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AAA Halloween safety tips

Updated:
(WOIO) -

As Halloween approaches, AAA East Central reminds parents, trick-or-treaters and motorists to observe some very important safety tips when they are out in the evening this week.

"Because excited trick-or-treaters often forget about safety, motorists and parents must be even more alert," said Lori Cook, safety advisor, AAA East Central. "Motorists should watch for children walking on roadways, medians and curbs. In dark costumes, they'll be harder to see at night," she added.

According to the Centers for Disease Control and Prevention, the numbers of deaths among young pedestrians aged 5-14 years is fourfold higher on Halloween evening (4 p.m. to 10 p.m.) when compared with the same time period during all other evenings of the year.

Parents

  • AAA recommends that parents accompany young trick-or-treaters at least until the age of 12.
  • Since children are small and often hard to see even in well-lit situations, it is important to be sure a child's Halloween costume is flame-retardant and visible with retro-reflective material.
  • Review trick-or-treating precautions, including pedestrian and traffic safety rules.
  • Plan and discuss the route your trick-or-treaters will follow. Teach children to stop only at well-lit houses and to never enter a stranger's home or garage.
  • Have children wear disguises that don't obstruct vision, and avoid facemasks. Instead, use nontoxic face paint. Also, watch the length of billowy costumes to help avoid tripping.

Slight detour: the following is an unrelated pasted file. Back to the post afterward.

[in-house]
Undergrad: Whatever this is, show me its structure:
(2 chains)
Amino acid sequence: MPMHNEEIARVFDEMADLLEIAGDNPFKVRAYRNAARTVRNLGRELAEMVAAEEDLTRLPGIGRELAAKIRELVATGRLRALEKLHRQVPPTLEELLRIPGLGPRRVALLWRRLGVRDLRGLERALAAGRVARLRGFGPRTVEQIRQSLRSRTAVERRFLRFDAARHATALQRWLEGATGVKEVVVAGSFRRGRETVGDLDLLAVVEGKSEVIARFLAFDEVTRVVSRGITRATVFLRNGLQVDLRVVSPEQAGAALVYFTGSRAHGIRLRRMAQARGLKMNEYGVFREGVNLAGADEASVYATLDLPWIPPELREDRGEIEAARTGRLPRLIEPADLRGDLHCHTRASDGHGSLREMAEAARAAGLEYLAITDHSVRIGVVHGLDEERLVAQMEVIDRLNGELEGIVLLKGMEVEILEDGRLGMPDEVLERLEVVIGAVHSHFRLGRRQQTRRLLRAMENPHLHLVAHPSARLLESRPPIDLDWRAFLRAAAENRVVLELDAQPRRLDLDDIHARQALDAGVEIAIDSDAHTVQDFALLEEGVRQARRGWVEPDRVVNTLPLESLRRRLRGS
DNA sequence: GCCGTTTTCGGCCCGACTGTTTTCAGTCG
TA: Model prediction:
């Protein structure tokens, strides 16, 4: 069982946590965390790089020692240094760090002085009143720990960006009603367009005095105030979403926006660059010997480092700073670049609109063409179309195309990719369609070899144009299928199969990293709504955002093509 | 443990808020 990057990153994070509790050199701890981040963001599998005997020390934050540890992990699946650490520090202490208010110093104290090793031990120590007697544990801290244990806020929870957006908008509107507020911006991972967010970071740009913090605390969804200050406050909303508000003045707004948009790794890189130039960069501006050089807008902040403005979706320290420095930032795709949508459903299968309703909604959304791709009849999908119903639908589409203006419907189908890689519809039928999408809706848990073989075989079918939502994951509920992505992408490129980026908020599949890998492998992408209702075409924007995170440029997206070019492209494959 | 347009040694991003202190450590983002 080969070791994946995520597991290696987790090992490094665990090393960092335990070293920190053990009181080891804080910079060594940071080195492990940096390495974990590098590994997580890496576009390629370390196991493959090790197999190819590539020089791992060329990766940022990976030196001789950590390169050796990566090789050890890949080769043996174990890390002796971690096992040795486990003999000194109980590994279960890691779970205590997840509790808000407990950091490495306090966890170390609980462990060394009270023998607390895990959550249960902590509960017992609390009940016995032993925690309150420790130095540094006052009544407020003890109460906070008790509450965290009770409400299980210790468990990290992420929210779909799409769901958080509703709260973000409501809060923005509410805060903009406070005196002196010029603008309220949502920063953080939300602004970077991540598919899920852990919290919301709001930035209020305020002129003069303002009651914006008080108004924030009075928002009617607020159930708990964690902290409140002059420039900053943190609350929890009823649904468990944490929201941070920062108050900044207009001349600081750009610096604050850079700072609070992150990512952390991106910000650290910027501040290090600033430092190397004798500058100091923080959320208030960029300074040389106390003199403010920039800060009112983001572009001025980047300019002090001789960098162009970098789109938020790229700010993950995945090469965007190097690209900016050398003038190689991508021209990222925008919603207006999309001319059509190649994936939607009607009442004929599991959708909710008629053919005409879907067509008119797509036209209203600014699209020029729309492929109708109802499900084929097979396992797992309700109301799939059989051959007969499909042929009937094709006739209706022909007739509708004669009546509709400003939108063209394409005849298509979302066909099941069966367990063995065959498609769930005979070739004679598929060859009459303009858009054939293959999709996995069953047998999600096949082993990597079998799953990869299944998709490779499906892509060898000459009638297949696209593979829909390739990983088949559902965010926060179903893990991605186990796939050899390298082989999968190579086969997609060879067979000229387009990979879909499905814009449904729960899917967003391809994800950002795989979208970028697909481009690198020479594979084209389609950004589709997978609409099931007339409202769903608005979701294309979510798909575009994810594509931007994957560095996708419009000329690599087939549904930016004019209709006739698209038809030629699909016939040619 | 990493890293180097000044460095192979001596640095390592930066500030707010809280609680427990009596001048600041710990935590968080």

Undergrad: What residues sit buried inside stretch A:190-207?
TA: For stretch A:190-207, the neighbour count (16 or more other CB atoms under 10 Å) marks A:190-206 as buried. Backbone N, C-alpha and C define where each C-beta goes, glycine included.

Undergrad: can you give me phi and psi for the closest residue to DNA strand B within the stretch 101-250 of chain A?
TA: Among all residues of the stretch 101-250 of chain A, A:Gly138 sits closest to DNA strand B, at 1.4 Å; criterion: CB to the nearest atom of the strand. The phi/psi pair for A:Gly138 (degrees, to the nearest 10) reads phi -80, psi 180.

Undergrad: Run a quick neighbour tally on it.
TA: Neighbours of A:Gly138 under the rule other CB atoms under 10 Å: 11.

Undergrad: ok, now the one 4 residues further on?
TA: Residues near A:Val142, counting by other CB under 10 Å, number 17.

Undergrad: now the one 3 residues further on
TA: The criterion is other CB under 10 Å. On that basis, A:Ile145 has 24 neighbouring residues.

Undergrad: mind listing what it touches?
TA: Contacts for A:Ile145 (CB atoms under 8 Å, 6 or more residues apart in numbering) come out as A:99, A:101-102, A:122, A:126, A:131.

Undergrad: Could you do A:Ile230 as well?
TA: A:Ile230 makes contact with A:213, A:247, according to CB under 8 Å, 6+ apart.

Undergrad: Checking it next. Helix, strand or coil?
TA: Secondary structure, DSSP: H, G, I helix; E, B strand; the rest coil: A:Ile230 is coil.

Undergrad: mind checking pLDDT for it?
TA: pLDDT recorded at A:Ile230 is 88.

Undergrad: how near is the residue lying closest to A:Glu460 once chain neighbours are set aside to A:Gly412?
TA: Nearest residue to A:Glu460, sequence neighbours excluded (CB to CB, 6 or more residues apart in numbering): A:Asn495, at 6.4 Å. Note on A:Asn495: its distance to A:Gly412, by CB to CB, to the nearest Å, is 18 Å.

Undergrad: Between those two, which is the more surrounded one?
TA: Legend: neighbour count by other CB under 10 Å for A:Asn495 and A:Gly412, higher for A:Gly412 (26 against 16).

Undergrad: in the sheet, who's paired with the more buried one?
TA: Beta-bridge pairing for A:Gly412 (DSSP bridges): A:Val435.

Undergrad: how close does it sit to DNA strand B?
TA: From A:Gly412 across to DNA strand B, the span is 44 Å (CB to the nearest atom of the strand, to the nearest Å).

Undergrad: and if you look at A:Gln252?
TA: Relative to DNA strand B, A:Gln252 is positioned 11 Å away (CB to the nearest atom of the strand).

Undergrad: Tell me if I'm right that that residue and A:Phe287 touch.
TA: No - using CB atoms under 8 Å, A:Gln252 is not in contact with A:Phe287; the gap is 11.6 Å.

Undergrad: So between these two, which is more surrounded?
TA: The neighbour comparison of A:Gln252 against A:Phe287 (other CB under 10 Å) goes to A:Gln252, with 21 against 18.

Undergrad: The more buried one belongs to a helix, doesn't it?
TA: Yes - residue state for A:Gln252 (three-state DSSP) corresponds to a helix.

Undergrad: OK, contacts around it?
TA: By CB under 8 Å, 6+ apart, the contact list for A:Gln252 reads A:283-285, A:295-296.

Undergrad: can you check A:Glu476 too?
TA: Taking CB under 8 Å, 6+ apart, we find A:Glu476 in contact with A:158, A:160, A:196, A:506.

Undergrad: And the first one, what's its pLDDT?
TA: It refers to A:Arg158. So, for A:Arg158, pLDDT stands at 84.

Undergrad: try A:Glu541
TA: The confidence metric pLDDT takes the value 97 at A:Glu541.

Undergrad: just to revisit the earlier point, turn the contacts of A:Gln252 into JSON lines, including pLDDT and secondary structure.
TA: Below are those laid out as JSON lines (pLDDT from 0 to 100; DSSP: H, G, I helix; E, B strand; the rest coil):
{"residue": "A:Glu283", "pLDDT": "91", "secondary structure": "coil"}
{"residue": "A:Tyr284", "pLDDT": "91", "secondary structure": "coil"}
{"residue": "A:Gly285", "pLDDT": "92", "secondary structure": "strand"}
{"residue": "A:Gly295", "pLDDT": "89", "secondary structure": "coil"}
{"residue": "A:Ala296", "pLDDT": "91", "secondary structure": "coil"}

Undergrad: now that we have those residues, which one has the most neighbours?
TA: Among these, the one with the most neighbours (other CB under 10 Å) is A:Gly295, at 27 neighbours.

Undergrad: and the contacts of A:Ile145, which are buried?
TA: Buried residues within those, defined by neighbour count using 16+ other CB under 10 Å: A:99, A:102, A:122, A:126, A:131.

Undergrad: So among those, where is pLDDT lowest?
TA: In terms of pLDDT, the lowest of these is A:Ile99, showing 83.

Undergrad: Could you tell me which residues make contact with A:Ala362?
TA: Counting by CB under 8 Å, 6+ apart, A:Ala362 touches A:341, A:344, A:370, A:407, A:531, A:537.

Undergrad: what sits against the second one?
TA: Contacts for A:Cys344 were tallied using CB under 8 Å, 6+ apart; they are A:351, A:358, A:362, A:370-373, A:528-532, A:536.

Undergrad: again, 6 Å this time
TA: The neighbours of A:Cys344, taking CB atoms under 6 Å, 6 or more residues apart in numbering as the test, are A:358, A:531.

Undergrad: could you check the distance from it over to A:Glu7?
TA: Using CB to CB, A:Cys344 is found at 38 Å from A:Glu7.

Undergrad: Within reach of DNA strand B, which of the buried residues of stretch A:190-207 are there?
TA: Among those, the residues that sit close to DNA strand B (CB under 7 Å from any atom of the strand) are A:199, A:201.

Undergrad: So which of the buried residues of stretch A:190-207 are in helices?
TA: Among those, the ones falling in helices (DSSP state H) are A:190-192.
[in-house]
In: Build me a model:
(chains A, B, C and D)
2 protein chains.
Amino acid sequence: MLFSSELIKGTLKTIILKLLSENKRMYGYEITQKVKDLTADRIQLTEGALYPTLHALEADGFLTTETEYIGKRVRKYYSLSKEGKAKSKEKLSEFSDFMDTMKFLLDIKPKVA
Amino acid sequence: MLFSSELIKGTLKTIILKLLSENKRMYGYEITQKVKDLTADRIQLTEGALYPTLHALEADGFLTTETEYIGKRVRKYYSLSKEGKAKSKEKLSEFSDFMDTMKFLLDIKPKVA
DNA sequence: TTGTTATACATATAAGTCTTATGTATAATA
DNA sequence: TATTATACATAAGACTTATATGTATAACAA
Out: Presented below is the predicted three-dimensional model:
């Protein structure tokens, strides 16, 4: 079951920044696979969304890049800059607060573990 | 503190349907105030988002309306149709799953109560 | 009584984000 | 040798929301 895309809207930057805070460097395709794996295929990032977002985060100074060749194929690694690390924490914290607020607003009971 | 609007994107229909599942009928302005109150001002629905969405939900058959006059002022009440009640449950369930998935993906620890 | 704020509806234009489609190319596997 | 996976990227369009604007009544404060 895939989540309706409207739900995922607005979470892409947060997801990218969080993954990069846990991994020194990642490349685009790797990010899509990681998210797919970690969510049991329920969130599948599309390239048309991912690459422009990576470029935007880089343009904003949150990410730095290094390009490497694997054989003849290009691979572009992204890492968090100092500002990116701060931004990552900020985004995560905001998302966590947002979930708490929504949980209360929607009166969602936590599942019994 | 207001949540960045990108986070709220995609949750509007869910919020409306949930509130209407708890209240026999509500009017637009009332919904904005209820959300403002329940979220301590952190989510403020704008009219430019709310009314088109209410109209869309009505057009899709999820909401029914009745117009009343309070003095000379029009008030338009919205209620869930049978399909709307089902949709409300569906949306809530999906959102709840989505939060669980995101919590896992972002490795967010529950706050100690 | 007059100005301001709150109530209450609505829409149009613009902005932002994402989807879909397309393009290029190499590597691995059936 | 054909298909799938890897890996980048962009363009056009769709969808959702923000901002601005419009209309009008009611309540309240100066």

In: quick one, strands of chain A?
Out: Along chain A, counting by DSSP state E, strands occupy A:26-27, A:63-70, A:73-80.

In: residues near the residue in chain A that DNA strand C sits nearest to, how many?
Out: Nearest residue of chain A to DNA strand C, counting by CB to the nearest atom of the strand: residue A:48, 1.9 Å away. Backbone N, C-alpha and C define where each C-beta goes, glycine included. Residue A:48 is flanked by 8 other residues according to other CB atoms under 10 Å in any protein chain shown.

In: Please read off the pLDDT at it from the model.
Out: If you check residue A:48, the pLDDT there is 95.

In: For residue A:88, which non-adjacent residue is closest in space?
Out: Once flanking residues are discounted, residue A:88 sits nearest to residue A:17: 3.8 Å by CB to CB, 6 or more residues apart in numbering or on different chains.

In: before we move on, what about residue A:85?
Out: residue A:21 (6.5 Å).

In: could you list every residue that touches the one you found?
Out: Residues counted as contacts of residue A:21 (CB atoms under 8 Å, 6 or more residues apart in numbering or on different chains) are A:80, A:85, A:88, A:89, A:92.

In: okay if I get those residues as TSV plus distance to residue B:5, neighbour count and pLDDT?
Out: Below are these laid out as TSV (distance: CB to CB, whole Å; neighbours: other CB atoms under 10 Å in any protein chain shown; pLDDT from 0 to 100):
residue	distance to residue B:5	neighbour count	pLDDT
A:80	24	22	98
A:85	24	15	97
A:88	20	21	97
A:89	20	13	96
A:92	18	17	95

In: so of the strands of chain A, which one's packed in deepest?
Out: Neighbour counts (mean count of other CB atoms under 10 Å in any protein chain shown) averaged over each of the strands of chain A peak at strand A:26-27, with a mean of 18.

• Ensure any props are flexible and blunt-tipped to avoid injury from tripping or horseplay.
  • Parents and trick-or-treaters should cross streets only at the corner, and never between parked cars or mid-block. Be sure that approaching cars come to a complete stop before stepping into the roadway.

Motorists

  • If possible, try to avoid cutting through residential areas where trick-or-treaters are likely to be present.
  • Obey all traffic signs and signals. The risk of killing a pedestrian increases more than many people realize with just small increases in speed.
  • Be aware that trick-or-treaters may not be paying attention to traffic and may cross mid-block or between parked cars.
  • Motorists should scan far ahead when driving in residential areas, watch for children and cautiously monitor their actions. Turn on your headlights to make yourself more visible.

AAA East Central is a not-for-profit organization with 80 local offices in Western Pennsylvania, Ohio, West Virginia, Kentucky and New York, servicing 2.6 million members.

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